- Then move to the next page, to create your first administrator user.
- Fill the form with the credentials you want to use, and click next.
- Finally, the interface shows you the main URL and you can save and finish the configuration.
- Click on “Start using Jenkins” to access the main interface
- You can now use Jenkins like any other server.
That’s it, Jenkins is running on your Raspberry Pi, and you can start hosting your projects on it.
Remember that the Raspberry Pi storage is not unlimited, so for big projects it’s probably not a good idea to send everything on the Raspberry Pi. You should at least use an external USB drive to store your projects, even a cheap one (like this one on Amazon) will be way safer than your SD card.
In this section, I’ll give you some tips to configure and monitor your new Jenkins server.
Start and stop the Jenkins service
Jenkins is well integrated with Raspberry Pi OS/Debian, so it’s easy to manage the Jenkins service.
If something goes wrong, you can check the Jenkins service status, or start/stop it, if needed.
- Check the Jenkins service current status
sudo service jenkins status
- Start the service
sudo service jenkins start
- Stop the service
sudo service jenkins stop
Generally, you can do everything from the web interface, so most of the time you don’t need to edit the configuration files.
If for some reason you want to check them, Jenkins stores all files in the /var/lib/jenkins folder.
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Jenkins also uses the default /var/log folder to save logs files.
You can check the /var/log/jenkins/ directory for the latest logs.
But you can also read them from the web interface.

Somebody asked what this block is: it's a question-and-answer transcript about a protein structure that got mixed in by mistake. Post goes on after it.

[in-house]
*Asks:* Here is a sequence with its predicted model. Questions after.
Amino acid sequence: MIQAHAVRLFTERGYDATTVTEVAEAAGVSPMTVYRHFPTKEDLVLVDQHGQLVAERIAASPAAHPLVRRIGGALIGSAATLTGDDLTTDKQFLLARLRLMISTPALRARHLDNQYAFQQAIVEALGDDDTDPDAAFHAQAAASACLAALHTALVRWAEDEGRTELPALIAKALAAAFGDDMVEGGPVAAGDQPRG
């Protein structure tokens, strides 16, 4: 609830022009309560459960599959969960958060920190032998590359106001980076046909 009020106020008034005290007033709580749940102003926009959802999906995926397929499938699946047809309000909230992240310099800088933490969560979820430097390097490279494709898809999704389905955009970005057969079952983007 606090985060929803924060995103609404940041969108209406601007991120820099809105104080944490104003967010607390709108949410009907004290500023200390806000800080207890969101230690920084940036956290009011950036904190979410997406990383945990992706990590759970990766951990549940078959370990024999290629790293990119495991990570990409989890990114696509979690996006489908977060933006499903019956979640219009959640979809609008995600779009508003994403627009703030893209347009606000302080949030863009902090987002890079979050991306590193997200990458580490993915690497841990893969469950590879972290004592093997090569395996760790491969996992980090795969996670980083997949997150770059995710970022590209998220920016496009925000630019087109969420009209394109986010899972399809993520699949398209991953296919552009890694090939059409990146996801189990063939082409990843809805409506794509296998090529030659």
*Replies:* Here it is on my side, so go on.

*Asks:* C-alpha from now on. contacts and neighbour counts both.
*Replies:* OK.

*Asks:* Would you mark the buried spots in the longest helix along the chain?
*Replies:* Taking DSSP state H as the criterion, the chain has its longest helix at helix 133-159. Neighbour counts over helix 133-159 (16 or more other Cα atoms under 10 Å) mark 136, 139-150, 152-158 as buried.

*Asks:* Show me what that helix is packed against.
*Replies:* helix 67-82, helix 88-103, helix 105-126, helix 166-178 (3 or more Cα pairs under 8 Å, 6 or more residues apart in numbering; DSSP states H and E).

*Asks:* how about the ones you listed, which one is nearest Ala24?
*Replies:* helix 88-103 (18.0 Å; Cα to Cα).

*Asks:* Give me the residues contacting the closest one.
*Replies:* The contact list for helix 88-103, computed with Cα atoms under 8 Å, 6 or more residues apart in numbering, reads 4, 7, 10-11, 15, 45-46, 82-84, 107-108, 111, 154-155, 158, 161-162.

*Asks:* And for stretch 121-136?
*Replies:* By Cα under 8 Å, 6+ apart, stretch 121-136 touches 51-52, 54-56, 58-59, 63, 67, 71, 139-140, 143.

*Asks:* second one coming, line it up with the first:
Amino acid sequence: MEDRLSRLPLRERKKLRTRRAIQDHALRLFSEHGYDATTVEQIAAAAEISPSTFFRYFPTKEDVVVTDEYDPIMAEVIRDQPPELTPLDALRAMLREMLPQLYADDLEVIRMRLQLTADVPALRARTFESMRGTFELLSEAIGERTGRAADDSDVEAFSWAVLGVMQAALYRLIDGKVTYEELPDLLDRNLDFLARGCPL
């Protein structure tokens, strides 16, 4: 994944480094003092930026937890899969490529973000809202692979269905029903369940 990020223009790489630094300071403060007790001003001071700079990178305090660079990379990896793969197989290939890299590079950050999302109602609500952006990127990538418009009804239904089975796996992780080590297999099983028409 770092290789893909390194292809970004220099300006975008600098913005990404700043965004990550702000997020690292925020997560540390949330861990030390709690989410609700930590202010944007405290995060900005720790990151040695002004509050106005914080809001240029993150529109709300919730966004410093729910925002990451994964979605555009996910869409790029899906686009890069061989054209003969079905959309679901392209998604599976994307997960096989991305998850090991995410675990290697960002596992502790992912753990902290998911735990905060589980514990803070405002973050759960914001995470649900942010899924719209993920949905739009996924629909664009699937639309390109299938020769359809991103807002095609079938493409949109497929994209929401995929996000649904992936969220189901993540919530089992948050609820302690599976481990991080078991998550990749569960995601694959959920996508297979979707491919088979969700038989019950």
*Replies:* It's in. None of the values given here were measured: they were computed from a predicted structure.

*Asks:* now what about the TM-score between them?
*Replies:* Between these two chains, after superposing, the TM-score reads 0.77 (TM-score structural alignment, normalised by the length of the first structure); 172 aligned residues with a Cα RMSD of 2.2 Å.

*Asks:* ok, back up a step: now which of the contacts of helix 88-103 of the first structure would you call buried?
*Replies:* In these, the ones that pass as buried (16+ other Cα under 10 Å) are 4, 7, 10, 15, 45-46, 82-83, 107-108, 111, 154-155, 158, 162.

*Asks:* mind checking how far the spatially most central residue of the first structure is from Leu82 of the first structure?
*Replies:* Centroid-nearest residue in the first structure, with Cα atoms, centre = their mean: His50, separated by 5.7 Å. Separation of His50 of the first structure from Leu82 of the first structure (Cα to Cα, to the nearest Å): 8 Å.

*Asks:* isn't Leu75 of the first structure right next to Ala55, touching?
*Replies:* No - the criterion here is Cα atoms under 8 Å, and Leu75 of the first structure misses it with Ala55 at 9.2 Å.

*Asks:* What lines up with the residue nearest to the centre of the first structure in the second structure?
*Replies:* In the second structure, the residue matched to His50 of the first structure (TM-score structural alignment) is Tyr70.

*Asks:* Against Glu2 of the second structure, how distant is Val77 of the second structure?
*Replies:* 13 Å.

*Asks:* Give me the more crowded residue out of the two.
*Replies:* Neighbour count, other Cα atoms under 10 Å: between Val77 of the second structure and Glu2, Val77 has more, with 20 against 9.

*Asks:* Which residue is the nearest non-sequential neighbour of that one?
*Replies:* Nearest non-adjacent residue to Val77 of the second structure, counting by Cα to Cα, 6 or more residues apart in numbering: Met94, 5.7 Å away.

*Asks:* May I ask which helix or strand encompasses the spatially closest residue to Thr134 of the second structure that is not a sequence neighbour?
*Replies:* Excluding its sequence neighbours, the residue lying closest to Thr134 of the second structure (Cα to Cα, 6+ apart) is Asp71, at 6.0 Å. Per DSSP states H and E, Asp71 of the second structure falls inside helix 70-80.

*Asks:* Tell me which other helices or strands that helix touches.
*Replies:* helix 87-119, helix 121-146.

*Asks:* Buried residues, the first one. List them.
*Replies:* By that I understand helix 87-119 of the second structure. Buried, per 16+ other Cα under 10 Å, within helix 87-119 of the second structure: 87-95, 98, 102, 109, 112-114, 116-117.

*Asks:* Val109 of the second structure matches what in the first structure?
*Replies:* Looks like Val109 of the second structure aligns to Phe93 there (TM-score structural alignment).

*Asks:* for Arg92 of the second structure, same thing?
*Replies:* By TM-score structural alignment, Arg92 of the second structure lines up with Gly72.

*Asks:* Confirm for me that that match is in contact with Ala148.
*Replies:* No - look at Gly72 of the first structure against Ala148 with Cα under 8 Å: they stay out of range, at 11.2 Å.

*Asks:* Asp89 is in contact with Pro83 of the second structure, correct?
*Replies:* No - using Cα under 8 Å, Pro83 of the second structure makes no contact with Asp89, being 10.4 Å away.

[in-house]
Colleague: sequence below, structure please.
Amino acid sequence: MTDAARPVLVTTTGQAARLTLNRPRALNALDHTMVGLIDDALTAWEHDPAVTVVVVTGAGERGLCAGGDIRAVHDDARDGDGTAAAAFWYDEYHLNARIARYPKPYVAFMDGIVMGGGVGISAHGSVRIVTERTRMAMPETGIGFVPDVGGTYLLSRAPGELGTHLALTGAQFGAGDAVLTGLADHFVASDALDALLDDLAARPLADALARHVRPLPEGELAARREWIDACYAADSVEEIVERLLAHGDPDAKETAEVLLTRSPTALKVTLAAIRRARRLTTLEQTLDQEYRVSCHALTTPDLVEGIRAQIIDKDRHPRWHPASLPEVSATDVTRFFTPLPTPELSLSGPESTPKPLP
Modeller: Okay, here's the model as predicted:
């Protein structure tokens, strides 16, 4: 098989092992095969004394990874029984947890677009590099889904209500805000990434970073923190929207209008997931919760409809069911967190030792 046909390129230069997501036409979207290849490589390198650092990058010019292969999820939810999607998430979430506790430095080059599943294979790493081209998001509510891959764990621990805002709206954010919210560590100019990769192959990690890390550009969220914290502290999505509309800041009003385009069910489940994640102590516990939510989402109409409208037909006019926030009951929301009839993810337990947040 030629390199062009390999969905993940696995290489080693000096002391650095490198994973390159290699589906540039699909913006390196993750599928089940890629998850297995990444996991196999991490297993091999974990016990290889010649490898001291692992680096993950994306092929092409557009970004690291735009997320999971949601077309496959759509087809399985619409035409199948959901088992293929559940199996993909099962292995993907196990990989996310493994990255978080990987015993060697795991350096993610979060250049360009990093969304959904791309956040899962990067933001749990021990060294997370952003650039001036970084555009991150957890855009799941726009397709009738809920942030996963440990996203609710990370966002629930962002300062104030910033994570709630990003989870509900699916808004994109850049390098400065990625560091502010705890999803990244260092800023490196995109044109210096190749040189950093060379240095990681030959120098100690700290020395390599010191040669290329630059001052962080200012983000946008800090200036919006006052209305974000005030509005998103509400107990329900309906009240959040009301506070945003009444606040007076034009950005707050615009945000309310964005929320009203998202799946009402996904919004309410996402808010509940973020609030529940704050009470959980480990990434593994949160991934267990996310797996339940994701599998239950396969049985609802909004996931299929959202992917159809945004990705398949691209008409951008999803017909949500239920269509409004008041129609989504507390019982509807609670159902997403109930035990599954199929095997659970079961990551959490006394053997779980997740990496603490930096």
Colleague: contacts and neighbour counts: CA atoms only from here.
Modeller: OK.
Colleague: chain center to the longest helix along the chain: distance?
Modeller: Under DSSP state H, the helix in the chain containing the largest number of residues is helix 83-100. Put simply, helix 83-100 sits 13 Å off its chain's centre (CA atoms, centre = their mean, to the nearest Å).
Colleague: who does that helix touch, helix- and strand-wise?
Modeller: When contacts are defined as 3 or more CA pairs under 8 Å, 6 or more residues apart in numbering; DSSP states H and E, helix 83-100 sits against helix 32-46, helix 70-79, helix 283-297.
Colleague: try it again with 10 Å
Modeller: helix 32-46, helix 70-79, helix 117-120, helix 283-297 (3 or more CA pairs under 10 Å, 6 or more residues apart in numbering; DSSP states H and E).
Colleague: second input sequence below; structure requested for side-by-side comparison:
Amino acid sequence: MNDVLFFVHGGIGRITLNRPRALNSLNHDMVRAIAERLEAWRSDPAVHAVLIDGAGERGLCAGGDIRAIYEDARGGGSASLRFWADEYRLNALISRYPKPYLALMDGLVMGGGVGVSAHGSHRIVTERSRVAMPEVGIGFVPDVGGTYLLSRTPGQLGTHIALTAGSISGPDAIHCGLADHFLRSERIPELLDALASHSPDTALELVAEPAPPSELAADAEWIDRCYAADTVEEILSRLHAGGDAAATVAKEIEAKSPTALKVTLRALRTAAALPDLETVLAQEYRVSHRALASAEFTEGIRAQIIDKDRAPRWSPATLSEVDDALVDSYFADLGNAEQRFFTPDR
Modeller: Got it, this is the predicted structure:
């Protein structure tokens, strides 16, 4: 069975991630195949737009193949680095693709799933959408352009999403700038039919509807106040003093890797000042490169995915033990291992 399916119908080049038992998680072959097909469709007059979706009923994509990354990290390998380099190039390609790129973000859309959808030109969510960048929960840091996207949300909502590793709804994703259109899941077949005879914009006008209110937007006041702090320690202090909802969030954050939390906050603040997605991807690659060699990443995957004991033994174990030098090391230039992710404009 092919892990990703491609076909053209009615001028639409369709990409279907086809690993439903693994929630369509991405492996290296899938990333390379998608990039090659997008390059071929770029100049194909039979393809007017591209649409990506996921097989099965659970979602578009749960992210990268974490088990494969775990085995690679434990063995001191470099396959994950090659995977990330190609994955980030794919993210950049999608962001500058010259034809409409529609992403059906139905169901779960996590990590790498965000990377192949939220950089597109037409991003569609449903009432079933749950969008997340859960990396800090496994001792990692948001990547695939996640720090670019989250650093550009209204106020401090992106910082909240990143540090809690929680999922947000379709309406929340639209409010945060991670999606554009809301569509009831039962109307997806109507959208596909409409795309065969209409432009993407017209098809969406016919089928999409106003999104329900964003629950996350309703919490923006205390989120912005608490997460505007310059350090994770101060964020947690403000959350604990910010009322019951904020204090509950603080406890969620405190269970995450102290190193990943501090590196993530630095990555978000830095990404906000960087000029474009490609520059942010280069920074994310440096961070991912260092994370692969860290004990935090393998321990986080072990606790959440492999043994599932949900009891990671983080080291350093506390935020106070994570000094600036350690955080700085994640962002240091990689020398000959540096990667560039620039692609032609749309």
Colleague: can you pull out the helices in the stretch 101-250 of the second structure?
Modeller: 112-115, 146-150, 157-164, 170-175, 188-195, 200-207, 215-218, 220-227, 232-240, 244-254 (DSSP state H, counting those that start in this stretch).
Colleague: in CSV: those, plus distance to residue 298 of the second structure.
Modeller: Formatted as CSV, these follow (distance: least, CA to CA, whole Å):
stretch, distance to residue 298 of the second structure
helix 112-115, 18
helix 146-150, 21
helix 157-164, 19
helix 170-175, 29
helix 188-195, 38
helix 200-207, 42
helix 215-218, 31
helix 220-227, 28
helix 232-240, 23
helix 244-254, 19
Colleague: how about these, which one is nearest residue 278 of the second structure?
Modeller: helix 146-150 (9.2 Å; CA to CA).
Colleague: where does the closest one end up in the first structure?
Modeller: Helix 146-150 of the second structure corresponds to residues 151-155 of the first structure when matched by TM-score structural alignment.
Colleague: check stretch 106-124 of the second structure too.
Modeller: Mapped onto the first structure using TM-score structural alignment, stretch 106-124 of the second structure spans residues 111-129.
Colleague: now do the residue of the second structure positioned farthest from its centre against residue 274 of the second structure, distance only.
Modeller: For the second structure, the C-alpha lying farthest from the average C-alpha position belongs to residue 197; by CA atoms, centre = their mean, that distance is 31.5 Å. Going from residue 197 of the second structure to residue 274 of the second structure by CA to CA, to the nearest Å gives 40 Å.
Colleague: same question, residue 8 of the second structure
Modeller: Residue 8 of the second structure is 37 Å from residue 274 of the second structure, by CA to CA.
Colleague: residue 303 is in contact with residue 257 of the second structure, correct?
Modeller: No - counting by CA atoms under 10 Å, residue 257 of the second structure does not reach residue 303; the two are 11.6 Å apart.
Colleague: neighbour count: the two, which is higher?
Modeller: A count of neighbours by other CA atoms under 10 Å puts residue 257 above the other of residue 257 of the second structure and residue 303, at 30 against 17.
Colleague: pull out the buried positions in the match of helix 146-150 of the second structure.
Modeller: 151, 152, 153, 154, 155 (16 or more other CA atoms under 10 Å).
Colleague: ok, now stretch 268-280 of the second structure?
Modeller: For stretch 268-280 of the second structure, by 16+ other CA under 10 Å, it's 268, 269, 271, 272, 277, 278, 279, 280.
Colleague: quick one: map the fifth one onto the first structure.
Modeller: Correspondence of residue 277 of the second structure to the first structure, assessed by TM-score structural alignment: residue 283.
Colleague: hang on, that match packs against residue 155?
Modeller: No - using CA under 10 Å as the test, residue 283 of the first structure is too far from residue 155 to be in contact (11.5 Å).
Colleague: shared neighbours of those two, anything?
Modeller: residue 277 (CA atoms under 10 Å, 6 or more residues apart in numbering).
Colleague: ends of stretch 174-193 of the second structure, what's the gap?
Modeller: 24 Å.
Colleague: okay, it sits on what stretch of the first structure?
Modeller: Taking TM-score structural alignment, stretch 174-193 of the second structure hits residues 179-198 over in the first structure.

Other configuration tasks
For anything else, you can check the “Manage Jenkins” entry in the main menu.
You’ll get something like this:
From there, you can edit everything you want to adapt your configuration to your specific needs.
You can also manage your users from this menu.
Finally, I’ll give you here some basic advice to start with Jenkins if you are new with this software.
Install new plugins
The first thing to consider is to install new plugins, especially if you got the “Offline page” during the installation.
Go to Manage Jenkins > Manage plugins.
In my case, I had this error on the page:
There were errors checking the update sites: SSLHandshakeException: sun.security.validator.ValidatorException: PKIX path building failed: sun.security.provider.certpath.SunCertPathBuilderException: unable to find valid certification path to requested target
If you have the same thing, you can go to the “Advanced” tab.
Then in the “Update Site” field, replace https with http in the URL.
Click on Submit, it should be OK now (if not, click “Check updates” on the “Manage plugins” home page).
Finally, go to the “Available” tab and look for the plugins you need to install.